What kept it from just being a boring rehashing of a coming of age fantasy tale, though, is the sheer richness of the world that Robert Jordan has built. I’ll attempt a half-assed summary of it. So, there is this powerful dark lord who has been imprisoned, and is somehow on the verge of escaping from his prison, and in anticipation of his release, his minions have been preparing the ground for his dominion, and the good guys have been trying to hamper them in their plans. It’s just that most people in the world have forgotten about this grave threat and are going about their lives either worrying about minor things or in other cases being overly worried about irrelevant things (there’s a group of zealot Inquisition type guys who go around torturing and killing everyone they suspect are helping the dark one). So, the only people who seem to know what’s really going on are the Aes Sedai, who are an order of mages/sorceresses, who are the only ones able to wield “the One Power”, which is like the source of the most powerful magic in this world. The thing though, is that the Aes Sedai are all female, so they’re kind of like the Bene Gesserit in Dune. Well, it’s not that men are unable to wield the One Power, they used to be able to in ages past, it’s just that all of the male Aes Sedai went crazy and died off 3000 years ago before our story begins. And guess what, the Aes Sedai have a prophecy about the coming of a man who will be able to wield the One Power and defeat the Dark One, which is of course, another fantasy staple. On the other side of the good/bad spectrum, are the Fades and Trollocs, who are minions of the Dark One. The former are like Nazgul from Middle-Earth, and serve as commanders for the hordes of the latter, which are kinda like Orcs from Middle-Earth, just with heads of various animals and bodies of men. You can see them looking badass in the pictures below.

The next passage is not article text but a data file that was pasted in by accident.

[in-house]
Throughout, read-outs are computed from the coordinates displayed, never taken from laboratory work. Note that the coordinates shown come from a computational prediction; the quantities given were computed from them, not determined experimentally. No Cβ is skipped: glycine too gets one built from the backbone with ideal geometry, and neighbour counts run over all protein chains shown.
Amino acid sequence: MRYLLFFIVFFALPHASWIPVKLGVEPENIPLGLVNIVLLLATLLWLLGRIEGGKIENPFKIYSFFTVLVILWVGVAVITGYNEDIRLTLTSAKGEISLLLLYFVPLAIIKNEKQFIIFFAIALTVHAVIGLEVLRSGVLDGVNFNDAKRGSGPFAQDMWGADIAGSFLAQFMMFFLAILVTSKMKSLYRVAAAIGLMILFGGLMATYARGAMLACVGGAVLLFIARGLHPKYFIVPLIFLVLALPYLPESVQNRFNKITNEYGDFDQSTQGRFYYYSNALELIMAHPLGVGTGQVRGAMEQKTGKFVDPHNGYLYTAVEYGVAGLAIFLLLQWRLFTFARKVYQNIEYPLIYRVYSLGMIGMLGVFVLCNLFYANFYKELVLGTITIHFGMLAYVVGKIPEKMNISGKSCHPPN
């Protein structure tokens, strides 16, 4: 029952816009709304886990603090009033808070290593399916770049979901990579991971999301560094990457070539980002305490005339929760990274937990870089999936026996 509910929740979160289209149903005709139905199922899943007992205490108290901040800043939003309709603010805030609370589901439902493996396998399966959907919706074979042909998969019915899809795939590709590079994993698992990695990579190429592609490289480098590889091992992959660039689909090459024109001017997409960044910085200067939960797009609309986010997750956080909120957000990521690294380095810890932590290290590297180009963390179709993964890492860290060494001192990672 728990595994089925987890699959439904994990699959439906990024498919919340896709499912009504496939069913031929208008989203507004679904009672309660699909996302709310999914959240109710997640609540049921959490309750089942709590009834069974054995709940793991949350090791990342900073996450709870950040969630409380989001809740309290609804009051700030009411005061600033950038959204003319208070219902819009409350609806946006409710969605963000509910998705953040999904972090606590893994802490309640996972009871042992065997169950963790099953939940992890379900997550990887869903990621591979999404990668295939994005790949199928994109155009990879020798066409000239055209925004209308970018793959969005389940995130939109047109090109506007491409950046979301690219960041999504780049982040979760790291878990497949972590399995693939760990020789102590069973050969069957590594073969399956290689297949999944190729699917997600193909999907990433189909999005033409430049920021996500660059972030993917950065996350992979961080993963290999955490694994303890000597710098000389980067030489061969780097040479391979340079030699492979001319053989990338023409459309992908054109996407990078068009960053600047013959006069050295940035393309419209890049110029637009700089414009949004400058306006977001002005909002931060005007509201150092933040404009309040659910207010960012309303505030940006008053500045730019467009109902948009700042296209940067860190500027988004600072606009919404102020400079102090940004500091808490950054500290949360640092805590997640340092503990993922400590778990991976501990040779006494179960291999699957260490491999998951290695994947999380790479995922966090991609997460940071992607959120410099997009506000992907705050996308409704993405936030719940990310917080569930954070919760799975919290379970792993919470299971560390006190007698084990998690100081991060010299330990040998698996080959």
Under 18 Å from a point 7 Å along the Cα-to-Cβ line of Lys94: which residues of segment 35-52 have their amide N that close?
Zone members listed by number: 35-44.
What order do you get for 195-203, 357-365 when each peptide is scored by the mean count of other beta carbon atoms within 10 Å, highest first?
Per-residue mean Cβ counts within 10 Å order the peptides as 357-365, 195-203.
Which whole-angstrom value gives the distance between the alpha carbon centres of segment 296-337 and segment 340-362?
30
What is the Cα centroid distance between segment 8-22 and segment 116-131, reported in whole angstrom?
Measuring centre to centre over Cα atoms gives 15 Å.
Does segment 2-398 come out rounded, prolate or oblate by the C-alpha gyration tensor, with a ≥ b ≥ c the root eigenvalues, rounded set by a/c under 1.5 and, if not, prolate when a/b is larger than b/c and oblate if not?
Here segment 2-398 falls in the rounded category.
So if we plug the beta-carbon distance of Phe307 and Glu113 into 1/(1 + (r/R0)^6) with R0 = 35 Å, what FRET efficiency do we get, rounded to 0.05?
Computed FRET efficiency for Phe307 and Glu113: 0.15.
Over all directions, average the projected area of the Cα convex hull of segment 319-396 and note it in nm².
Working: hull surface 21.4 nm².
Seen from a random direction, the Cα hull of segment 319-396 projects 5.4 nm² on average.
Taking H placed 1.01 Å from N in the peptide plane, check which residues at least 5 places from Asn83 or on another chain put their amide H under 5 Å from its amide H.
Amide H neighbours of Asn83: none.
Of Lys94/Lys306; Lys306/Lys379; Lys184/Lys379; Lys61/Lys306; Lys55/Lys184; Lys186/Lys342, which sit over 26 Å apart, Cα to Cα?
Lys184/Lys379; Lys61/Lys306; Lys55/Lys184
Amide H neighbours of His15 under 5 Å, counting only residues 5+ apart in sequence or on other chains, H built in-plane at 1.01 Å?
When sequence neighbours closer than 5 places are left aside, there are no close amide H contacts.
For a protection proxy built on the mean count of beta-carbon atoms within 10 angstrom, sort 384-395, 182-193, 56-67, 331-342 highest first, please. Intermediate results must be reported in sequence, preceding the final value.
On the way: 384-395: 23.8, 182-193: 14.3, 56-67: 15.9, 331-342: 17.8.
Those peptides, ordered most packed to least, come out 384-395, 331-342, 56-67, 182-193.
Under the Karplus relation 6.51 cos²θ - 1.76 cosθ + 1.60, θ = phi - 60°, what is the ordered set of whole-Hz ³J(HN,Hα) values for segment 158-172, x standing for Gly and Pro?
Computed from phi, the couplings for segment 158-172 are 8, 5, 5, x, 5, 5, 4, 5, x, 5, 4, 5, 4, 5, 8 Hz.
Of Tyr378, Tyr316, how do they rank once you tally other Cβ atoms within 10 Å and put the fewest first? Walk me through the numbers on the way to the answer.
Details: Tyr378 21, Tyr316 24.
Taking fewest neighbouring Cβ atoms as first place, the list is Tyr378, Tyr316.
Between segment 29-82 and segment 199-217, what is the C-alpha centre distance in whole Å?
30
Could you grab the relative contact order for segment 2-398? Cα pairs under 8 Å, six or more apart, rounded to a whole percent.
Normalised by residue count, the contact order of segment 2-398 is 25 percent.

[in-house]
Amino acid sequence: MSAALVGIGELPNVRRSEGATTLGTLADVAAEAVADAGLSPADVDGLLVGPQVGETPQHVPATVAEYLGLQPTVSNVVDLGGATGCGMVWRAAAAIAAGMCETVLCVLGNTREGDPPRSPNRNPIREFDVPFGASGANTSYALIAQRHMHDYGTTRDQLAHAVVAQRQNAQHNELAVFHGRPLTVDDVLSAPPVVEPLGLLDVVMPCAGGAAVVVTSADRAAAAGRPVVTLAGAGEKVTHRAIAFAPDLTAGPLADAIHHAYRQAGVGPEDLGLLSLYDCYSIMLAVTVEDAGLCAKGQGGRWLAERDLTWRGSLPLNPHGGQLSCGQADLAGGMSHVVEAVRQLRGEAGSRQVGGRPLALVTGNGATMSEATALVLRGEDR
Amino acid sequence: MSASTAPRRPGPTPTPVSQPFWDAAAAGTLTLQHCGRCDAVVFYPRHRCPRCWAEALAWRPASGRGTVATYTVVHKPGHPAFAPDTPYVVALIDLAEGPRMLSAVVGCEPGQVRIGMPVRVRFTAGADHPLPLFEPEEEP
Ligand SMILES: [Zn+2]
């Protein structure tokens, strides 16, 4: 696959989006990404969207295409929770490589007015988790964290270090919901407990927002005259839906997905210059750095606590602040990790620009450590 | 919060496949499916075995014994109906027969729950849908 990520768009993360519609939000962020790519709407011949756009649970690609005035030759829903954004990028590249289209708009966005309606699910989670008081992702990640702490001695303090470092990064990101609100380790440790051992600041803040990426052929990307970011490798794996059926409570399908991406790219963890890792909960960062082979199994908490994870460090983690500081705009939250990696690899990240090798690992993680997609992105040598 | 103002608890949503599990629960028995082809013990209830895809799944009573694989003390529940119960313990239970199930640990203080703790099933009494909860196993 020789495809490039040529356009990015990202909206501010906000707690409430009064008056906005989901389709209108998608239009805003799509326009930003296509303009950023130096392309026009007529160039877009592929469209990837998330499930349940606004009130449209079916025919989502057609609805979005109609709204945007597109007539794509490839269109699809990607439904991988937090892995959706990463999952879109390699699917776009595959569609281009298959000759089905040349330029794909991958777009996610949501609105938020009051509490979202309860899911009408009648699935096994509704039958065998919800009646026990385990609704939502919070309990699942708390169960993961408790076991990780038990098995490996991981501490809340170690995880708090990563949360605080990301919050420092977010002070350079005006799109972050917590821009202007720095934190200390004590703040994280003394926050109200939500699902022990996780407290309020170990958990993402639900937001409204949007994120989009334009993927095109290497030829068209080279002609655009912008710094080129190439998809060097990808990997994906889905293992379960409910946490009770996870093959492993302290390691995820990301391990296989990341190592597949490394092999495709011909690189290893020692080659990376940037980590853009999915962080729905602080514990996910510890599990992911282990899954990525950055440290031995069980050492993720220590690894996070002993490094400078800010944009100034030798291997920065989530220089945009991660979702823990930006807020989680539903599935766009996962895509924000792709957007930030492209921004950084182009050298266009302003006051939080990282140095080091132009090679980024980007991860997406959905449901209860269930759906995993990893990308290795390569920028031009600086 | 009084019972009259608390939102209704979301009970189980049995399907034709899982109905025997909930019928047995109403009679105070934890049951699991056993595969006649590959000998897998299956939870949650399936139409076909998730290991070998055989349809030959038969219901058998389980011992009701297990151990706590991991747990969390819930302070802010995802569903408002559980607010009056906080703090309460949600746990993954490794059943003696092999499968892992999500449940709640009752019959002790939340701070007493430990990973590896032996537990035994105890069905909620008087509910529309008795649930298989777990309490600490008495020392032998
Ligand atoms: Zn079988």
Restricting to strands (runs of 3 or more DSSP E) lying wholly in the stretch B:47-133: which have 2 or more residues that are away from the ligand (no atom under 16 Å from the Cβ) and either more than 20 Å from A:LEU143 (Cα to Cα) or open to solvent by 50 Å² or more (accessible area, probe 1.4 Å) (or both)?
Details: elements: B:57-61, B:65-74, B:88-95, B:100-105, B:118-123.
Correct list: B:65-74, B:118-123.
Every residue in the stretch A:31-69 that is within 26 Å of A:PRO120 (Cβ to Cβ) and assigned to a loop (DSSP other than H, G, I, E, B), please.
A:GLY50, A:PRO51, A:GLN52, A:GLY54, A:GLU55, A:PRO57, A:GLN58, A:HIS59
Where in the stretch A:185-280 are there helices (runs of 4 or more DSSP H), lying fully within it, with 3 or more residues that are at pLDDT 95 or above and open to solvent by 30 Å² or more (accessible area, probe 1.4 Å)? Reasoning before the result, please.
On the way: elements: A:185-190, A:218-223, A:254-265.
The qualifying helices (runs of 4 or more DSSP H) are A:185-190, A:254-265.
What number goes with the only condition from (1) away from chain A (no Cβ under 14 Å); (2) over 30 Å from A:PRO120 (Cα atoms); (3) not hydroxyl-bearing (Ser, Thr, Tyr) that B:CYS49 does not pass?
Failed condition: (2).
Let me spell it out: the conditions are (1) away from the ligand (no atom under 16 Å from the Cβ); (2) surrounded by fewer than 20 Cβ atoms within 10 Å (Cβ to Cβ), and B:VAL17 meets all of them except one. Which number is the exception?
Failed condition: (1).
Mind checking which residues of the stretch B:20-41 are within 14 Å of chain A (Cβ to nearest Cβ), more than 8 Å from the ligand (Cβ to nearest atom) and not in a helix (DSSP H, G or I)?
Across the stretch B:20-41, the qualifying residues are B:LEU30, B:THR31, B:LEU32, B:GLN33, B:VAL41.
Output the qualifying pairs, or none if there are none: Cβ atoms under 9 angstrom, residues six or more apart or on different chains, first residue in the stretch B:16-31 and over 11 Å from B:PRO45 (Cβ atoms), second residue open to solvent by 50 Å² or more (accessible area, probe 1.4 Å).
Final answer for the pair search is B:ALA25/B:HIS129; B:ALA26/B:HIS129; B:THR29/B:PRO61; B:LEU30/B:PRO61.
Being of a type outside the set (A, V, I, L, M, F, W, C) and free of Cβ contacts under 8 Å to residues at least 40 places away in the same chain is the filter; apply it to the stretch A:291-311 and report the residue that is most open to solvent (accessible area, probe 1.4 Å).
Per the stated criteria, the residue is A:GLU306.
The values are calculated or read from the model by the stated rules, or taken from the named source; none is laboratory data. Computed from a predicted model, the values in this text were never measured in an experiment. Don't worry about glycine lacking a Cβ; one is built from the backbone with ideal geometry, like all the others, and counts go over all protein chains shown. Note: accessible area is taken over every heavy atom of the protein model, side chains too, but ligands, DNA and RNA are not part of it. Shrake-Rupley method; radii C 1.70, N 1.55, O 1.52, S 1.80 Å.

And that just barely scratches the surface of the story in the first book, which barely scratches the surface of the whole series. There’s tree people, space-time warps, merry ale drinking in inns, ravens that are, well, particularly ravenous, lost treasure, fog-monsters, hippie traveling parties, and all kinds of things going on.